ShareThis Page

N. Huntingdon road near Wal-Mart remains private — for now

| Thursday, June 20, 2013, 3:36 a.m.

A road that loops around the North Huntingdon Township Wal-Mart will remain private for now.

At a meeting that at times was stormy on Wednesday, the board of commissioners voted 3-3 to table acceptance of Ronda Court as a public roadway, then 3-3 to accept it.

On the first vote, board president Lee D. Moffatt joined board vice president Zachary Haigis and Commissioner Brian West in favoring a delay.

On the second, Commissioners David Herold, Anthony Martino and Donald Austin favored dedicating Ronda Court to the township rolls.

Absent was Commissioner Richard Gray.

Then, after an extensive discussion involving two developers and an attorney for a third, the board voted 6-0 to advertise it for possible action again in July.

Developers Robert W. Shuster and Donald Tarosky said the delay will affect decisions by national firms looking at other properties between the Wal-Mart and Pennsylvania Turnpike interchange.

“We all want the road to be public, because it is being used by the public,” said Tarosky, from Lincoln Hills Realty Associates. “If it is public, then we are not subject to PennDOT regulations requiring us to do off-site improvements.”

That would include spending $500,000 to put a traffic light at Barnes Lake Road and Norwin Avenue, an intersection a short distance from where Mills Drive intersects with Barnes Lake. Mills Drive in turn runs into Ronda Court, forming a boundary for seven outparcels that DeBartolo Development is selling for its Huntingdon Marketplace shopping center anchored by the year-old Wal-Mart Supercenter.

The commissioners later authorized applying to PennDOT for traffic signals there and at Barnes Lake and Caruthers Lane.

“If you don't open up Ronda Court and Mills Drive, you won't have any development,” said Shuster, whose RWS Development owns a 14.4-acre tract adjacent to Ronda Court.

DeBartolo Development attorney William R. Sittig Jr. is concerned about what would happen to his client's plans.

“We would prefer concurrent acceptance of Mills Drive, too,” Sittig told the commissioners.

“We are here to accommodate you,” Sittig said, but added that “DeBartolo Development (has) been playing nice with people with hands in their pockets.”

Shuster said delays in accepting Ronda Court were a reason why Albensi Dental pulled out of plans for an 18,000-square-foot building in the nearby Lincoln Hills business park.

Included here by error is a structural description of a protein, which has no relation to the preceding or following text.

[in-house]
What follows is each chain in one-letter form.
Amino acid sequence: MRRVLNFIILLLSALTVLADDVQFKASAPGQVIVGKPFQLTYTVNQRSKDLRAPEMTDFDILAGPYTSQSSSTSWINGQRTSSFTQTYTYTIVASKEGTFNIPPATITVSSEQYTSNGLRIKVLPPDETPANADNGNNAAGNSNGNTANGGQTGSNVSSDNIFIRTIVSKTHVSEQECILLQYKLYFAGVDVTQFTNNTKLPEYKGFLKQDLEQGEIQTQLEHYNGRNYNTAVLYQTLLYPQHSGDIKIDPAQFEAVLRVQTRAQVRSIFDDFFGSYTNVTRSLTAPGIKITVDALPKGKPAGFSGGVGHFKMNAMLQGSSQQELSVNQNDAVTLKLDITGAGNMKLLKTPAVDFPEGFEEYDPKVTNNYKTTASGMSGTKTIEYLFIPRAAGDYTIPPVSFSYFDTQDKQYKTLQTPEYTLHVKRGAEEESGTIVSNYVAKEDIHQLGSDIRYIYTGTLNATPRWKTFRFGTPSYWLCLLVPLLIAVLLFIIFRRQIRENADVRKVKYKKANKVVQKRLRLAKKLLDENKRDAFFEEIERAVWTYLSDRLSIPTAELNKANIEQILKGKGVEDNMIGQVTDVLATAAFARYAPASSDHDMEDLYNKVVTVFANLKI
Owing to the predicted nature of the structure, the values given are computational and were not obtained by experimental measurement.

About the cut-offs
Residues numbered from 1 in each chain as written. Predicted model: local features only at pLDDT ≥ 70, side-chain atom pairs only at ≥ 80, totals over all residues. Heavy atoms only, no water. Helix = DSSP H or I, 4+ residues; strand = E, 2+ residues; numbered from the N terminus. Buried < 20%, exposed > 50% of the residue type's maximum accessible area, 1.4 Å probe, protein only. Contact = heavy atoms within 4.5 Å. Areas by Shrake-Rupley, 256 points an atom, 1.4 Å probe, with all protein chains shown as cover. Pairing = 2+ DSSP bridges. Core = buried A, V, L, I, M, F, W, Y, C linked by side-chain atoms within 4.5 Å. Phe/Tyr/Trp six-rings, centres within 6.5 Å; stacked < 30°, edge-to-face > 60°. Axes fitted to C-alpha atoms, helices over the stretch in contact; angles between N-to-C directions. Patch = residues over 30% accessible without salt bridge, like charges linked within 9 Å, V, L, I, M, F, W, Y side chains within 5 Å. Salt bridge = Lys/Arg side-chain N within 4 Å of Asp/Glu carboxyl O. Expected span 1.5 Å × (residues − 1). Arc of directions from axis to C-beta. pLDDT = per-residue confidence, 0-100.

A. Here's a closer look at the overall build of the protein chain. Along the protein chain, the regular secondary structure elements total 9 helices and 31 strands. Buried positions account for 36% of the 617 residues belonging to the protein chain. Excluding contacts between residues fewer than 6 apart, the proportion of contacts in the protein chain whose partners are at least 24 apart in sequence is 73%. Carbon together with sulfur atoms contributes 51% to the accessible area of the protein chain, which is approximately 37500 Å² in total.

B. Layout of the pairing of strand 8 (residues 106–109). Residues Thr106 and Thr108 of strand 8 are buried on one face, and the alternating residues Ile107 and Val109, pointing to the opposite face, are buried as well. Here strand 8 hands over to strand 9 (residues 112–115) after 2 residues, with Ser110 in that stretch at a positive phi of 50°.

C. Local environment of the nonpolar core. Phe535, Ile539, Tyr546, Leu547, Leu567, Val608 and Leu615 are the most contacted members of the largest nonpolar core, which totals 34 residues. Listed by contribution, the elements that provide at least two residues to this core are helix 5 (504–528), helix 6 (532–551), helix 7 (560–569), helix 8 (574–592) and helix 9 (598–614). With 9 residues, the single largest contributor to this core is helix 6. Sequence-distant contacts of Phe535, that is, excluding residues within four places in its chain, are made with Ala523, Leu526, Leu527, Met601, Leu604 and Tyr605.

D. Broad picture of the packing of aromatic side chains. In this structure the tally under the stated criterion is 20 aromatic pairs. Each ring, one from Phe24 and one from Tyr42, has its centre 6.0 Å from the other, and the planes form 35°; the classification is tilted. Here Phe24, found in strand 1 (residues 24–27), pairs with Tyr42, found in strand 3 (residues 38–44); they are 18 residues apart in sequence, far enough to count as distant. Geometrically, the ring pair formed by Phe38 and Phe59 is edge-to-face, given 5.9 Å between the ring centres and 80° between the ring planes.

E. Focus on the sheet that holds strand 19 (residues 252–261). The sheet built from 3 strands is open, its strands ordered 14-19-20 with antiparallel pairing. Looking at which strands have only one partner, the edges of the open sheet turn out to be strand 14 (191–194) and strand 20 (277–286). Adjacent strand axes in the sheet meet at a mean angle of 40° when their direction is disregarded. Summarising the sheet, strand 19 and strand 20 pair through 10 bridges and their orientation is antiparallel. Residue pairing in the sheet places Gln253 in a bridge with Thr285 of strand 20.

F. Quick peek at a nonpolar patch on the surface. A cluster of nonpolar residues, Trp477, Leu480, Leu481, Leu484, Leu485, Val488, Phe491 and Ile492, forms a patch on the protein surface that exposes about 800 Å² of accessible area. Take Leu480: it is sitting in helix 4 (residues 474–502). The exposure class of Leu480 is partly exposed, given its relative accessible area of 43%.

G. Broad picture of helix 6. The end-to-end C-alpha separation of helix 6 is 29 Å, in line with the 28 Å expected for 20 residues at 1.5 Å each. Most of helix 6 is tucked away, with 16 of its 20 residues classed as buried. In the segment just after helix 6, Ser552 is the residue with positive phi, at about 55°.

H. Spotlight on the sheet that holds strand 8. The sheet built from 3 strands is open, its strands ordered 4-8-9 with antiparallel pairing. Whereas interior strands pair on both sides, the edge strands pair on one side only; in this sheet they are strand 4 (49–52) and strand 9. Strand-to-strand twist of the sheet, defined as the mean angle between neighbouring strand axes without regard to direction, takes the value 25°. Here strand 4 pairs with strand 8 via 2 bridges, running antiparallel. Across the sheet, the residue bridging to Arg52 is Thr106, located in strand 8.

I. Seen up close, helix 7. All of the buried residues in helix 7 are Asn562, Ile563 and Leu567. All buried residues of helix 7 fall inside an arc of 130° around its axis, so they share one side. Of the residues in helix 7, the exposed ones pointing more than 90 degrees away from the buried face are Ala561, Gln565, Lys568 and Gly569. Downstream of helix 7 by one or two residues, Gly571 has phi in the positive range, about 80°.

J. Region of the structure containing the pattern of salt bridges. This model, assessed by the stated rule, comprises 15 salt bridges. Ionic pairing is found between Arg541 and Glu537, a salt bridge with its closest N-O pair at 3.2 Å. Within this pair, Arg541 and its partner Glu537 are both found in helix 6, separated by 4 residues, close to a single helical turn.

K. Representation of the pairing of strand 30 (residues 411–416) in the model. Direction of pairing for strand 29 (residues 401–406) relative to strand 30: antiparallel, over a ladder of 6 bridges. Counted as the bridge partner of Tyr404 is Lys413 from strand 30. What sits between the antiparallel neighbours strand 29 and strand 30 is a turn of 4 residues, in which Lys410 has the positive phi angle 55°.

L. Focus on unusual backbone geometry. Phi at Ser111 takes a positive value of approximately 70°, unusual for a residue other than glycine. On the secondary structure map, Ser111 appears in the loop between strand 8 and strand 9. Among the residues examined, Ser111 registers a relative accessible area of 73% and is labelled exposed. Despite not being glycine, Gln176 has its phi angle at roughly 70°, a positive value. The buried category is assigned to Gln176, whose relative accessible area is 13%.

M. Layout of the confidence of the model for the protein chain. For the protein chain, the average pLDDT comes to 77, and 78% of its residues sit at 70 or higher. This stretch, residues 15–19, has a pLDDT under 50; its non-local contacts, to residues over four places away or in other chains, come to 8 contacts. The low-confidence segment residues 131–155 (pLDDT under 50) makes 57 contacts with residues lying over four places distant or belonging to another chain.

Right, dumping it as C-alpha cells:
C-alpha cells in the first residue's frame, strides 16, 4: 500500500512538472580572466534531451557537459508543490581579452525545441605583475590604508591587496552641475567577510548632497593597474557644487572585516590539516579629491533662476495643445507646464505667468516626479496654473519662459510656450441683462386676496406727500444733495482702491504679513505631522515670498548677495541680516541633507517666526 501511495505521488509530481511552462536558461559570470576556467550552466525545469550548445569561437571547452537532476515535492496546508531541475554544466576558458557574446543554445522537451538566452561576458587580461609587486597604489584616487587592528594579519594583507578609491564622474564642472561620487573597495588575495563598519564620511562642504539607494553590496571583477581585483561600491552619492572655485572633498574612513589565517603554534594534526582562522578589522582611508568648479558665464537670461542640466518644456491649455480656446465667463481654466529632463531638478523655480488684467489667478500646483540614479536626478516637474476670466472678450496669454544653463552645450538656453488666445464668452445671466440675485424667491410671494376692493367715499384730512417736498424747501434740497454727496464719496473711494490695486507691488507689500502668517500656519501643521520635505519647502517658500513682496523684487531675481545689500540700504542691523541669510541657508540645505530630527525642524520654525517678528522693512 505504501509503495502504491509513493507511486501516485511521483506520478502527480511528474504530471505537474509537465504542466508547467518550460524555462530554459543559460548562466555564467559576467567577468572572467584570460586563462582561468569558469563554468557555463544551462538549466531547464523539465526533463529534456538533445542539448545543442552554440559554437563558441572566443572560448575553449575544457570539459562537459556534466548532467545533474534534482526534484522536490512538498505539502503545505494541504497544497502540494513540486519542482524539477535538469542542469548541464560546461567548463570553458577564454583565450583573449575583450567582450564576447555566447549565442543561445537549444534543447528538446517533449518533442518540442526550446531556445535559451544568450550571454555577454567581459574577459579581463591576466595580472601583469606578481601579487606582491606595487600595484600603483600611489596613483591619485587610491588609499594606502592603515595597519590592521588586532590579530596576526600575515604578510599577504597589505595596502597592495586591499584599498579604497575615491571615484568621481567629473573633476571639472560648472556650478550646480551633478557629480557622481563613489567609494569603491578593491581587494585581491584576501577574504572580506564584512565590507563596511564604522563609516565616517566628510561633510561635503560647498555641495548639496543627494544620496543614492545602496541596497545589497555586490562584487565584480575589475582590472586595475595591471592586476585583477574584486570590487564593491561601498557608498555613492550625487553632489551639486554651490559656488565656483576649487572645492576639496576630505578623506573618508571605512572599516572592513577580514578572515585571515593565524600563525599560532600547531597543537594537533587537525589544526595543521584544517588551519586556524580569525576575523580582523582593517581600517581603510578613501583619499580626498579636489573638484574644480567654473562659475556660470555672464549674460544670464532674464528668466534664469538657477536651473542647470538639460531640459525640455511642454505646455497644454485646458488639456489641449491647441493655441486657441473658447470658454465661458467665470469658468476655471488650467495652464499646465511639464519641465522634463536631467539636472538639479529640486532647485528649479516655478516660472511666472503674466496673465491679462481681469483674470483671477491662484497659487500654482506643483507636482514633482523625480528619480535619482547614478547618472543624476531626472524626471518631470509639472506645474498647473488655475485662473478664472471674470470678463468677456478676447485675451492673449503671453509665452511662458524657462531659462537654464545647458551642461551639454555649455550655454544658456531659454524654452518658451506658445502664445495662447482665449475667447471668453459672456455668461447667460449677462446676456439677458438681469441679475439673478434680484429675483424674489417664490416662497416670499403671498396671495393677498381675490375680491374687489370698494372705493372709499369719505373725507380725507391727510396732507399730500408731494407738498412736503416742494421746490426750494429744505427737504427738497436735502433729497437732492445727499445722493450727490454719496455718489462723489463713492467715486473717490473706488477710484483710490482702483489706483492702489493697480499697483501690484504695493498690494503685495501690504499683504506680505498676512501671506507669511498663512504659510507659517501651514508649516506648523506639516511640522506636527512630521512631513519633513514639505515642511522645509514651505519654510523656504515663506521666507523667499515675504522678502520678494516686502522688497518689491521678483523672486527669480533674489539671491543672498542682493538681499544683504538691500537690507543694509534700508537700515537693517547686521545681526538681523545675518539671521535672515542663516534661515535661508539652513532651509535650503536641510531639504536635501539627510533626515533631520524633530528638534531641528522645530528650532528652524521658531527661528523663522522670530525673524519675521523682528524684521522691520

Shuster said some national firms are looking at North Huntingdon but may not wait 30 days. He said one firm wants to build a 70,000-square-foot building and bring in 600 employees, another a 35,000-square-foot building and bring in 100 employees.

Lincoln Hills developer Tarosky said DeBartolo's attorney cooperates with other developers, but with conditions.

“We've always had an open discussion with Mr. Sittig,” Tarosky said. “Those discussions will continue.”

“I don't care what DeBartolo says,” Shuster told the commissioners. “They're from Florida and they don't give a damn about North Huntingdon.”

Patrick Cloonan is a staff writer for Trib Total Media. He can be reached at 412-664-9161, ext. 1967, or

TribLIVE commenting policy

You are solely responsible for your comments and by using you agree to our Terms of Service.

We moderate comments. Our goal is to provide substantive commentary for a general readership. By screening submissions, we provide a space where readers can share intelligent and informed commentary that enhances the quality of our news and information.

While most comments will be posted if they are on-topic and not abusive, moderating decisions are subjective. We will make them as carefully and consistently as we can. Because of the volume of reader comments, we cannot review individual moderation decisions with readers.

We value thoughtful comments representing a range of views that make their point quickly and politely. We make an effort to protect discussions from repeated comments either by the same reader or different readers

We follow the same standards for taste as the daily newspaper. A few things we won't tolerate: personal attacks, obscenity, vulgarity, profanity (including expletives and letters followed by dashes), commercial promotion, impersonations, incoherence, proselytizing and SHOUTING. Don't include URLs to Web sites.

We do not edit comments. They are either approved or deleted. We reserve the right to edit a comment that is quoted or excerpted in an article. In this case, we may fix spelling and punctuation.

We welcome strong opinions and criticism of our work, but we don't want comments to become bogged down with discussions of our policies and we will moderate accordingly.

We appreciate it when readers and people quoted in articles or blog posts point out errors of fact or emphasis and will investigate all assertions. But these suggestions should be sent via e-mail. To avoid distracting other readers, we won't publish comments that suggest a correction. Instead, corrections will be made in a blog post or in an article.